You are here

Livestock Exchange Building

-A A +A
1924–1926, George B. Prinz; 2005 renovation. 4920 S. 30th St.
  • Southwest view (Photograph by Peter Olshavsky)
  • North view (Photograph by Peter Olshavsky)
  • Facade detail (Photograph by Peter Olshavsky)

Once standing in the midst of two hundred acres of barns and animal pens, the Livestock Exchange Building was the largest and most visible structure in the Union Stockyards in South Omaha. Founded in 1883, the Union Stockyards Company expanded rapidly to compete with its larger rivals in Chicago and Kansas City, adding packinghouses by the end of the decade. In 1934 Omaha was the only city that could boast of hosting the nation’s four largest packinghouses at its stockyards: Armour, Cudahy, Swift, and Wilson. By the mid-1950s the Omaha facility was the largest stockyard and meat-processing center in the United States. It employed half of Omaha’s work force, drawn mainly from the population of South Omaha, mostly descendants of immigrants from southern and eastern Europe.

Dominating this meat processing landscape was the Livestock Exchange, a multi-purpose building that originally housed a diverse assortment of functions including offices, shops, convention hall, ballrooms, dining facilities, apartments, and sleeping rooms for ranchers bringing their cattle to market. Designed to be fireproof, the eleven-story structure consists of a steel frame encased in concrete, reinforced concrete floors, and dark red brick curtain walls laid in a decorative pattern. The H-shaped configuration provides a central vertical circulation core and allows light and ventilation to the rooms in each of the narrow wings. Brick piers that extend the entire height of the building enhance vertical emphasis. This is countered somewhat by the shallow corbel tables that create horizontal divisions of the facades at the third and ninth floor levels. The resulting three-part composition is analogous to the divisions of a classical column—base, shaft, and capital—a pattern that was popular in the design of tall commercial buildings during the 1920s. Subtle elements of the Romanesque Revival style can be observed in the round-arched windows on the lower and upper levels and the arched corbel table surrounding the top of the building and the top of the entrance portico. The portico also features elaborately carved limestone arches at the entry and a delicate arcade above.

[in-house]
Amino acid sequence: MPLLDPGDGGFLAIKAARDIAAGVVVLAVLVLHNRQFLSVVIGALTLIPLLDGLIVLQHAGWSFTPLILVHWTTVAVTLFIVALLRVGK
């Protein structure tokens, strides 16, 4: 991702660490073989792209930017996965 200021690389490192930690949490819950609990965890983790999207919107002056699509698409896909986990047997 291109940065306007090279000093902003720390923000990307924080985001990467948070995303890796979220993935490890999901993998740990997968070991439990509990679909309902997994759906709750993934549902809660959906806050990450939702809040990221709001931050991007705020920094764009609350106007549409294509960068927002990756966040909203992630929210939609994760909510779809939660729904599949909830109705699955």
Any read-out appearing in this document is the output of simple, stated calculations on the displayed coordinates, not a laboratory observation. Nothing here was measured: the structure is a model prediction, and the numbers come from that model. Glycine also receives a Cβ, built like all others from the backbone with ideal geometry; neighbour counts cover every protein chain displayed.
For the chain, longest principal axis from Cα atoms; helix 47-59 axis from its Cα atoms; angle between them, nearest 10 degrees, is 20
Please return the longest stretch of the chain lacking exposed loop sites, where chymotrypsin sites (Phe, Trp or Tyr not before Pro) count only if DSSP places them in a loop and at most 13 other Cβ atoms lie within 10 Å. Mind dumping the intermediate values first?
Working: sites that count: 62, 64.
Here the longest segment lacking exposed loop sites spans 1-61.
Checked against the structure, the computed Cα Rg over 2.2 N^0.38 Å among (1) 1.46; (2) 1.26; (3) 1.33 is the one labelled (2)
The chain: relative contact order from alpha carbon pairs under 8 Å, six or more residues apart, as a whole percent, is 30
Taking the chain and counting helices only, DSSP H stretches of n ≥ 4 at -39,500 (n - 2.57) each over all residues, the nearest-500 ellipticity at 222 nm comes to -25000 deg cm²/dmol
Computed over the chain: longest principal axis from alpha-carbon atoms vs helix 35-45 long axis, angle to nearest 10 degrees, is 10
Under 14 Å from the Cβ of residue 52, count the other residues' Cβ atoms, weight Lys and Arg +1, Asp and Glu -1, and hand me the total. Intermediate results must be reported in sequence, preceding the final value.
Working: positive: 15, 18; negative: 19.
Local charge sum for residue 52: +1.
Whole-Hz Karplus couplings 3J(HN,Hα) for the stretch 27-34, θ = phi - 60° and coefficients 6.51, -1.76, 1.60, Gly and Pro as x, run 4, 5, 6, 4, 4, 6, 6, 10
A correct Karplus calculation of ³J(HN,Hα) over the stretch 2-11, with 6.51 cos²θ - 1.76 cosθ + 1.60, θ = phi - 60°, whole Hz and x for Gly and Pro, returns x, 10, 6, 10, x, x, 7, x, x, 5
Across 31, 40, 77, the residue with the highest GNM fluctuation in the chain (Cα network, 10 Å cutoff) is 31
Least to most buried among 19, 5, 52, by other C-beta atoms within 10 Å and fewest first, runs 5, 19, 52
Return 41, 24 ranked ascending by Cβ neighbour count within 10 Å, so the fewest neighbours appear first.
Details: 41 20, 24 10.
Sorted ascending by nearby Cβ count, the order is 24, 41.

Upon its completion in 1926 the building served as the center of the livestock industry in the region. In the 1960s, decentralization of both feedlots and packing plants led to the decline of the central market. The last major packinghouse closed in 1976 and the stockyards ceased operations in 1999.

In 2005, the Livestock Exchange was renovated to accommodate affordable housing units and commercial and community spaces. The surrounding area has been redeveloped for mixed uses to adapt to the changing economy of the area. Today the Livestock Exchange Building is the last vestige of a major episode in Omaha’s history.


Dirr, Melissa, and Lynn Meyer, “Livestock Exchange Building,” Douglas County, Nebraska. National Register of Historic Places Registration Form, 1999. National Park Service, U.S. Department of the Interior, Washington, DC.

Writing Credits

H. Keith Sawyers
Peter Olshavsky
H. Keith Sawyers
Peter Olshavsky



  • 1924

    Design and construction
  • 2005

    Renovation and change of function

What's Nearby


H. Keith Sawyers, Peter Olshavsky, H. Keith Sawyers, Peter Olshavsky, "Livestock Exchange Building", [Omaha, Nebraska], SAH Archipedia, eds. Gabrielle Esperdy and Karen Kingsley, Charlottesville: UVaP, 2012—,

If SAH Archipedia has been useful to you, please consider supporting it.

SAH Archipedia tells the story of the United States through its buildings, landscapes, and cities. This freely available resource empowers the public with authoritative knowledge that deepens their understanding and appreciation of the built environment. But the Society of Architectural Historians, which created SAH Archipedia with University of Virginia Press, needs your support to maintain the high-caliber research, writing, photography, cartography, editing, design, and programming that make SAH Archipedia a trusted online resource available to all who value the history of place, heritage tourism, and learning.